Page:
Editors Note:

EDITOR'S NOTE: Fresh off a three year managerial stint, your friendly neighborhood lenslinger is back on the street and under heavy deadline. As the numbing effects of his self-imposed containment wear off, vexing reflections and pithy epistles are sure to follow...

Tuesday, December 20, 2005

Ice, Logs and Love

Poor Little Lost Robot. The Northwest native turned Southeast photog is still without power thanks to the ice storm that ravaged South Carolina last week. It's gotten so bad he's been forced to cannibalize his toy robot collection for their heat-giving battery supply. I feel for ya, 'bot - as nothing sucks more profusely than a home deprived of electricity ... something I learned a few years back when an overnight winter storm left central North Carolina encased in ice and utility-free...

I got an early start the morning after the ice-storm, digging out of my frozen driveway and piloting my two wheel drive news unit to the station. Once there, my 'superiors' sent me right back out, with orders to traverse the tundra that was once the Greater Piedmont Triad Googleplex. I hit all the stops: from hanging off salt trucks to chasing down power crews to stalking old folks as they shivered in their outdated living rooms. Just before noon, I rendezvoused with another crew at a stranded live truck, where we edited our footage, went live and tried in vain to crank the ice-encrusted masted-beast. When that proved futile, I crawled in trusty Unit 4, and slip-slided all the way home to check in on the fam.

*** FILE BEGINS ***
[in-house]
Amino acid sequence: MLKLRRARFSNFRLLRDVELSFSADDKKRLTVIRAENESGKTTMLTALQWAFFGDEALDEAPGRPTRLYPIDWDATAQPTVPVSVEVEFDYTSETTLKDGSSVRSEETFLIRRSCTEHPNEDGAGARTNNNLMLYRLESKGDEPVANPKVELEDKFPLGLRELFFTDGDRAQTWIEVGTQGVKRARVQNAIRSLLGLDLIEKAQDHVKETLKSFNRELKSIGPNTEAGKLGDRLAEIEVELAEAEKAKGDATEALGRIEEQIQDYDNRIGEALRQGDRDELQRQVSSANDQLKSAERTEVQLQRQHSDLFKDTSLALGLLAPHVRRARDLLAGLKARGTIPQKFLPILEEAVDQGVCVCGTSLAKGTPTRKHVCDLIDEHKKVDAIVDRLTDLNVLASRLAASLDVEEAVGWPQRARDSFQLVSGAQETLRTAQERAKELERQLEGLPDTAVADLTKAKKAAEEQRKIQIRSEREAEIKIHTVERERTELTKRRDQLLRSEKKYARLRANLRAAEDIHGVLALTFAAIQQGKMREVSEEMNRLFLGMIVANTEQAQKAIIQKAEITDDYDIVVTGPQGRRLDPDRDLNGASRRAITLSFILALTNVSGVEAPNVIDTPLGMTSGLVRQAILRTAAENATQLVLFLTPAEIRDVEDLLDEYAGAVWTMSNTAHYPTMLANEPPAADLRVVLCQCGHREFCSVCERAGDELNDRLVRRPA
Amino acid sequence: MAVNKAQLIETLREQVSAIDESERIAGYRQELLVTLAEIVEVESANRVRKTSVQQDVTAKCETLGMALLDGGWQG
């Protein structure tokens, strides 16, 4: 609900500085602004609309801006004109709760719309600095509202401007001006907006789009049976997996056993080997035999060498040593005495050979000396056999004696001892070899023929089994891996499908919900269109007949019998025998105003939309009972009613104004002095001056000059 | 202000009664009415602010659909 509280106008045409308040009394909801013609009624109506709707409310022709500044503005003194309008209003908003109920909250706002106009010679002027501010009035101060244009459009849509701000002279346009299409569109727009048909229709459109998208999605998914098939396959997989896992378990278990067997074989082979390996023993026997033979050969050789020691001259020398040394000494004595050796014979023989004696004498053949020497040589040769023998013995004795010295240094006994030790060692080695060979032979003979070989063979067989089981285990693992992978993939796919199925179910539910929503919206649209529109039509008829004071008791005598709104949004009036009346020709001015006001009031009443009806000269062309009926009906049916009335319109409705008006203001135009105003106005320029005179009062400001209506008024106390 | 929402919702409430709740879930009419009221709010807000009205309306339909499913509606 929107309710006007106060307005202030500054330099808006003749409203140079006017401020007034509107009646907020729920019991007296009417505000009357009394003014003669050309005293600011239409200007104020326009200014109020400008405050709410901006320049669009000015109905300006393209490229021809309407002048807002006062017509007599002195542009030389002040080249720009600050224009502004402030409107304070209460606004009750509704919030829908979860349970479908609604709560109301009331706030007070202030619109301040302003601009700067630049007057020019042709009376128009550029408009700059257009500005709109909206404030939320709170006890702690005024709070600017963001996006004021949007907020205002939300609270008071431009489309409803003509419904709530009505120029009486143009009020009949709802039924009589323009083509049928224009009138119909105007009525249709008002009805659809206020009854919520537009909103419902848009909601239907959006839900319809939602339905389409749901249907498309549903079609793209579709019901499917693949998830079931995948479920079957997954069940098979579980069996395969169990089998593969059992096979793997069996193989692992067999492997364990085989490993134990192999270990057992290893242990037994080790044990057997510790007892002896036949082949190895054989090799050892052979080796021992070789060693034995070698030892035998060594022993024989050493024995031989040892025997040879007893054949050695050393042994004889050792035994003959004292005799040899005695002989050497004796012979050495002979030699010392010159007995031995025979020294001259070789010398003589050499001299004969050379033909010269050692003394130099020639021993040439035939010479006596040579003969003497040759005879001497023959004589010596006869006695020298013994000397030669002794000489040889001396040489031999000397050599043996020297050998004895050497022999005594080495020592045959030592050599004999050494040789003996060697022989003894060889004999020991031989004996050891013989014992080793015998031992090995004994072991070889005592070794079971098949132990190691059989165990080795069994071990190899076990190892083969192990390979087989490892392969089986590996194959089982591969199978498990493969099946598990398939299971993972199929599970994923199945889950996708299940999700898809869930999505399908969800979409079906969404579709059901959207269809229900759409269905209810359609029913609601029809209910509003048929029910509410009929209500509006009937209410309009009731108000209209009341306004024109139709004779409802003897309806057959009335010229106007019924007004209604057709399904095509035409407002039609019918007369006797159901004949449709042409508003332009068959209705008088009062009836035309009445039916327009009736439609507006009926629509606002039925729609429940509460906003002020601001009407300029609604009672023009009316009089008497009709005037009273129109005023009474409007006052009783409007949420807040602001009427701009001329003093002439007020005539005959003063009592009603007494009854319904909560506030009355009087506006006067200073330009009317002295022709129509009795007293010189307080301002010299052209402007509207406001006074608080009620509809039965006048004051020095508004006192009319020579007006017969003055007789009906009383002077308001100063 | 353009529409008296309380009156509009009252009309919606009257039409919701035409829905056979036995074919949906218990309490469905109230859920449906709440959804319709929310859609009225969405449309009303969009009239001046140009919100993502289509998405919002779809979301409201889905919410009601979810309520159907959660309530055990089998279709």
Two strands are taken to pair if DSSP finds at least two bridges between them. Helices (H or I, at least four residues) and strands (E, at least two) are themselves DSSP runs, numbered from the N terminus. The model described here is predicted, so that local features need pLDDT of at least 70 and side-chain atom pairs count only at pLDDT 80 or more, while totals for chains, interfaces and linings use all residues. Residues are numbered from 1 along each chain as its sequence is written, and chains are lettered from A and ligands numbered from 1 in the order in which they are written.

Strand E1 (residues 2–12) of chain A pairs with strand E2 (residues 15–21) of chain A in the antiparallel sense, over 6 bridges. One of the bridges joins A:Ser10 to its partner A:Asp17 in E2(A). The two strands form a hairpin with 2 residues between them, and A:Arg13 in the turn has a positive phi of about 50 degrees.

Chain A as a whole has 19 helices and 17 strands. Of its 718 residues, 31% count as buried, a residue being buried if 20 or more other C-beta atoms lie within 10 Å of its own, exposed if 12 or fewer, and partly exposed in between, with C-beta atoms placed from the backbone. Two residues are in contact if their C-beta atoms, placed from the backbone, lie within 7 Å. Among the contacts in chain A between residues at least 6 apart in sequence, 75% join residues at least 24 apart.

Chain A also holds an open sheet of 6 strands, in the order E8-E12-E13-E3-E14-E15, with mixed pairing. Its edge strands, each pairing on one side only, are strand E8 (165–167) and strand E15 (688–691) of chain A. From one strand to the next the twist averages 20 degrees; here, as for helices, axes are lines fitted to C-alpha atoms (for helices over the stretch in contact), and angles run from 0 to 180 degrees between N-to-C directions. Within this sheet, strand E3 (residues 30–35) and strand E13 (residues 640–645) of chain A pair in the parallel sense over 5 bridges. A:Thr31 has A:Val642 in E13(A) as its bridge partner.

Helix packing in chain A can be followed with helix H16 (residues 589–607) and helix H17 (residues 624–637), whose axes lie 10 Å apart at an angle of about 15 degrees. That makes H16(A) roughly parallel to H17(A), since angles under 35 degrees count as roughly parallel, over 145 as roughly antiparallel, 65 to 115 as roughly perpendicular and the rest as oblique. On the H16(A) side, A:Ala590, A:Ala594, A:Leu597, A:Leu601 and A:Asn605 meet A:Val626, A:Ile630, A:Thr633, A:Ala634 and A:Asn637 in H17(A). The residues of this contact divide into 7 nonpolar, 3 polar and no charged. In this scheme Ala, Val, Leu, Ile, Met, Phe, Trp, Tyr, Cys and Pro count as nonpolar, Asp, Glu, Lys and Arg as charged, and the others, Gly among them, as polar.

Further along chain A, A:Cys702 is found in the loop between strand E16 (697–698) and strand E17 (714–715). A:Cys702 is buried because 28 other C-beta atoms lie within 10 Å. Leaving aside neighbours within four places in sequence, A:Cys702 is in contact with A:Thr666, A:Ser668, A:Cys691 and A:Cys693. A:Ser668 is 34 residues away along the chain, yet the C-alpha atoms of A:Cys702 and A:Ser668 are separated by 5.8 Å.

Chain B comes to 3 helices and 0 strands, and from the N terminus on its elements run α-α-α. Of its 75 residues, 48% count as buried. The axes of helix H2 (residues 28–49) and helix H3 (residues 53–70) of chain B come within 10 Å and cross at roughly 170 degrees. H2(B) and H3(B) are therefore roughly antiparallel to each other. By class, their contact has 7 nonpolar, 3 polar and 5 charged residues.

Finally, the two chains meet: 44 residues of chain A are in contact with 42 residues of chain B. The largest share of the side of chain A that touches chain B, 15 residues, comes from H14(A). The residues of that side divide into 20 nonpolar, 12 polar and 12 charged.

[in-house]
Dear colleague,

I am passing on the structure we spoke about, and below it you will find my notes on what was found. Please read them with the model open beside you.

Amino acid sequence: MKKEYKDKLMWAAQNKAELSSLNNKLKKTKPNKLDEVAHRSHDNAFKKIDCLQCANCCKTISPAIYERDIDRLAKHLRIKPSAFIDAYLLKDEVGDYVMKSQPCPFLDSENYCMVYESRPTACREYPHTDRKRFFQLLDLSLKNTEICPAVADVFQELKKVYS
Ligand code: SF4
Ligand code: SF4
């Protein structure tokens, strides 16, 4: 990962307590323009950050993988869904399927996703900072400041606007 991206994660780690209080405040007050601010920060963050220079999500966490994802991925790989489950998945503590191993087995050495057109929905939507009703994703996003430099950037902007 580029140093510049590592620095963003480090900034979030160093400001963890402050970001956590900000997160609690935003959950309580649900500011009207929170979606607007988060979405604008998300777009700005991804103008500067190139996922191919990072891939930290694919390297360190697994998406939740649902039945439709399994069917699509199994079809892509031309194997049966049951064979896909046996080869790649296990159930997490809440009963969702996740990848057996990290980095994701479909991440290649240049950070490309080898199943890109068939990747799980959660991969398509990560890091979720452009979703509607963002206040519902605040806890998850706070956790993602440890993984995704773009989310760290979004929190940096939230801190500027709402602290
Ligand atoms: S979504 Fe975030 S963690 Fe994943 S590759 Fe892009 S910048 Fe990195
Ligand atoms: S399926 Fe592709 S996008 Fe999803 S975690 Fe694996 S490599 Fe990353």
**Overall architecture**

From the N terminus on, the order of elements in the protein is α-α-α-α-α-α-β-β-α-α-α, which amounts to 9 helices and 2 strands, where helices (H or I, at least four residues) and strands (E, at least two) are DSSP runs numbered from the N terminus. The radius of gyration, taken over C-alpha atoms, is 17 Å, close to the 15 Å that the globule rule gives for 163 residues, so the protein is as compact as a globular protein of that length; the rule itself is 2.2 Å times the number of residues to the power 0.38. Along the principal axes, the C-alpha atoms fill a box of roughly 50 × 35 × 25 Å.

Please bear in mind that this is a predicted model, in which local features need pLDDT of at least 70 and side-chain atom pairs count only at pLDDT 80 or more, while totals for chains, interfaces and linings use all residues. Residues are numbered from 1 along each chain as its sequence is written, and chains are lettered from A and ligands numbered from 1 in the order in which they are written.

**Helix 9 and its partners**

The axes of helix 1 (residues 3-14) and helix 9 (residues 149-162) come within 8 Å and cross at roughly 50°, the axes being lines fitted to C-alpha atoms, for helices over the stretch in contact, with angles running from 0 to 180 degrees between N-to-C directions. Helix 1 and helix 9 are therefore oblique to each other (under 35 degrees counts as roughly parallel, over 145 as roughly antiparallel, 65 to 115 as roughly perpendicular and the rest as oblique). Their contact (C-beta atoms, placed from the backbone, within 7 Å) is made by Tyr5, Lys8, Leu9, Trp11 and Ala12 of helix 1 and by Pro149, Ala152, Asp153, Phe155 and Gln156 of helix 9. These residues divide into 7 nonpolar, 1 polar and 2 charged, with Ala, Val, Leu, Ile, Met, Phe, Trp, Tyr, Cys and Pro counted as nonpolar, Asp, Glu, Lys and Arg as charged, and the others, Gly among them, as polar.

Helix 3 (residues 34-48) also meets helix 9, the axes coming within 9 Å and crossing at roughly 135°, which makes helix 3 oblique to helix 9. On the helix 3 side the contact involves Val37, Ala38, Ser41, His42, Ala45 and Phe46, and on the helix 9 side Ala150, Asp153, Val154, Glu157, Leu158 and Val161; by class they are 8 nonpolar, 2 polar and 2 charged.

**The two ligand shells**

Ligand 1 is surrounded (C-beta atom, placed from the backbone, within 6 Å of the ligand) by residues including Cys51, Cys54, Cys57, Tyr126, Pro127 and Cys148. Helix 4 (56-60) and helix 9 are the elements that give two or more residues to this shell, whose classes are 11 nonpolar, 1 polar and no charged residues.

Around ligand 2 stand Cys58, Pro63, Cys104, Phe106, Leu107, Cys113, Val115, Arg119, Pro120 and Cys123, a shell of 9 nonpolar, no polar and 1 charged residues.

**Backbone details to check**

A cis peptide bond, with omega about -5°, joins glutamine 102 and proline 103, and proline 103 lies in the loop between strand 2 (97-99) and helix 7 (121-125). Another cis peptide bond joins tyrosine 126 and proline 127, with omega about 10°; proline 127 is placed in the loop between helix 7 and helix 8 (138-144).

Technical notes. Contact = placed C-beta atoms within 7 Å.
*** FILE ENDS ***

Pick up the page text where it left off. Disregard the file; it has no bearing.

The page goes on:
What did I find but my lovely bride, who was...a little 'manic' that week, wrapped in several layers of clothing, hanging blankets over doorways and cursing my name. The good woman was absolutely livid that I had left the house to go to work without first rounding up a suitable supply of those grocery store logs we then used in our undersized fireplace. I was guilty, too. My news radar had sounded early that morning and I had left my home without fishing the firelog box out of the perpetually-messy garage. But no amount of lame excuses could satisfy the wife, who was perhaps the maddest I've ever seen her. At one point, my normally quite perky better half yelled,


As her accusation bellowed forth, I glanced out the kitchen window to see my two lovely girls out with the neighbor kids, sliding down an icy hill on trashcan lids among shouts of unabashed glee. When my youngest saw me, she waved excitedly, her smiling face barely visible through hat, hood and scarf. Knowing that logic wouldn't apply to my wife's misplaced wrath, I dropped the box of firelogs at her feet, spun on my heels and drove back to my live truck outpost.

I grumbled incessantly on the ice all day, warming my hands on the live truck's exhaust pipe and complaining to all who would listen how ill-timed irrational mood swings could be. To prove my superiority and take my mind off my troubles, I promptly lost my station-issued cell phone and spent much of the day stomping around in the frozen slush looking for it. I never did find it, but two days later the power came back on, my wife returned to a more rational state of mind and life became almost normal again. I LOVE that woman, but I hate ice-storms. Now if you'll excuse me, I have to go dig some firewood out of the garage...

No comments: